The Al Hajar stretch for about 700 km across the north of the country and rise to over 3,000m (Jebel Shams – mountain of sun) from the coastal plain. Sediments at the core were mainly laid down during the Late Permian to Late Cretaceous in the Tethys ocean basin that had resulted from the break-up of Gondwana.
The Arabian Plate collided with and pushed against the Iranian Plate, resulting in mountains chiefly made of Cretaceous limestones and ophiolites.
Rock outcrops in the Al Hajar Mountains, the Huqf and Dhofar span about 825 million years and includes at least three periods when the country was covered by ice.
Oman, located at the south-east corner of the Arabian plate, is being pushed slowly northward, as the Red Sea grows wider. The Al Hajar Mountains and valleys of Musandam are dramatic reminders of this: Oman is fairly quiescent tectonically but the Musandan experiences occasional tremors as the Arabian Plate collides with the Eurasian Plate (I remember coming back from holiday & finding bathroom tiles all over the floor from one of these tremors).
During the Cretaceous Period Oman was located adjacent to a subduction zone and a portion of the upper mantle along with overlying seafloor volcanic rocks were thrust over the continental crust. This obducted sequence of ultramafic to mafic rocks is the Semail Ophiolite complex. The ophiolite is locally rich in copper and chromite ore.
The interior plains of Oman are of young sedimentary rocks, wadi gravels, dune sands and salt flats. Beneath them is a several kilometre thick stack of older sedimentary rocks that host the country’s hydrocarbon resources.
Links for most of this come from – Encyclopædia Britannica & Wikipedia.
Aflaj – old & new: unfortunately cement has replaced some of the traditional construction.
Dixitque Deus fiat lux et facta est lux.
Out of my comfort zone No3.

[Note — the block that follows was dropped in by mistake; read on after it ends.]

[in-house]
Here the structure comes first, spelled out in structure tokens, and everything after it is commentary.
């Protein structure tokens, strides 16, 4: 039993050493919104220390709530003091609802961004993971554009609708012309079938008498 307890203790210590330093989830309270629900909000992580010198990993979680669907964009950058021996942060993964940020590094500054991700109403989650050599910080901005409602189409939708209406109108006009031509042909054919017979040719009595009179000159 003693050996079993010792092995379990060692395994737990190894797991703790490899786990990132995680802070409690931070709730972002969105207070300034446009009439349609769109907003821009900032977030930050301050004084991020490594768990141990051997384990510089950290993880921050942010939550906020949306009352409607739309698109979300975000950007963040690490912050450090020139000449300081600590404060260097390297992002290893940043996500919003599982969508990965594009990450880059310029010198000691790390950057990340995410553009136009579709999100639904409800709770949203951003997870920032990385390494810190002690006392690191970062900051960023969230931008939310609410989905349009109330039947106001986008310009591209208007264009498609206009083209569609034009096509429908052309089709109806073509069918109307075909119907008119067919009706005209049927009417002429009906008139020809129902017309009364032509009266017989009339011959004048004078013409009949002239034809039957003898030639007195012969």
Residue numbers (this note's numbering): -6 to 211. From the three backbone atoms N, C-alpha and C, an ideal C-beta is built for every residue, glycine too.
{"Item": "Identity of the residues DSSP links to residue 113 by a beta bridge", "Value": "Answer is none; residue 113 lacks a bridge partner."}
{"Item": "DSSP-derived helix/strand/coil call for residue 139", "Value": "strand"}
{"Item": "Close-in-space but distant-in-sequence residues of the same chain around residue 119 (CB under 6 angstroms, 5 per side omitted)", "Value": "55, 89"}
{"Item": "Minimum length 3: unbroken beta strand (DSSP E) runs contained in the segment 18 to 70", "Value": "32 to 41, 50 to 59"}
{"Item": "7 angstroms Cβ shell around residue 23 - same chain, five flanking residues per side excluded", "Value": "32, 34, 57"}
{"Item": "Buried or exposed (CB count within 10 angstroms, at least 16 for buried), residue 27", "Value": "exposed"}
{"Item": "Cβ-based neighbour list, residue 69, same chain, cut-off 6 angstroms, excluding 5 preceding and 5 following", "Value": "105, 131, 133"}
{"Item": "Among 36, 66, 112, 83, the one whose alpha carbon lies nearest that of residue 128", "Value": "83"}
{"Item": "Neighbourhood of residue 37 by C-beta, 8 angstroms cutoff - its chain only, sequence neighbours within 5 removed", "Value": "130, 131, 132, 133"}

After the rains – originally posted about 4 years ago: this one is a lot warmer because I have a sunny disposition at the moment. 🙂
Another interpretation of a previous image, made about 4 years ago after some rain.
A Surreal view of the Falaj at the entrance to Wadi Tanuf.
With luck there will be many more days like this.
Quintessential English summer evening.
Mysterious opening – Birkat al Mouz.
Door detail from Birkat al Mouz abandoned village.
No amount of work will repair this boat – beached at Mirbat Dhofar.
Nikon 35Ti. Kodak Tmax 400 @ 320 iso, toned & diffused.
Made with Yashica 124G on T-max 400 @ iso 320.
From my files back in 2010.
Not made any music posts for some time – here is one of my Jazz favourites.
My SME series III arm and Ariston Transcription turntable.
Got my UK Hi Fi running after many years of being in semi storage, Vinyl was not practical in Oman, if you could even buy any !
I now have my Quad amplifier and record deck playing again; gave it a good service as capacitors do not like long-term storage – some needed replacing as they have a nasty habit of exploding with a messy bang when old and not used.
I don’t only use film cameras, I also have analogue audio 🙂
How long before the lock is on its own?
This door has seen many attempts at repair, I think it’s in the last stages of abandonment & decay.
Wadi in flood – made about seven years ago.
I got wet feet that day, just gave up trying to keep my boots dry; fortunately double socks kept my feet from chafing and the boots soon dried.
Illusion of light – I lost control of the highlights but it was the only way I could keep this illusion.
I do like this building, so revisiting the files from December 2015 (ho where does the time go!) is a great pleasure for me.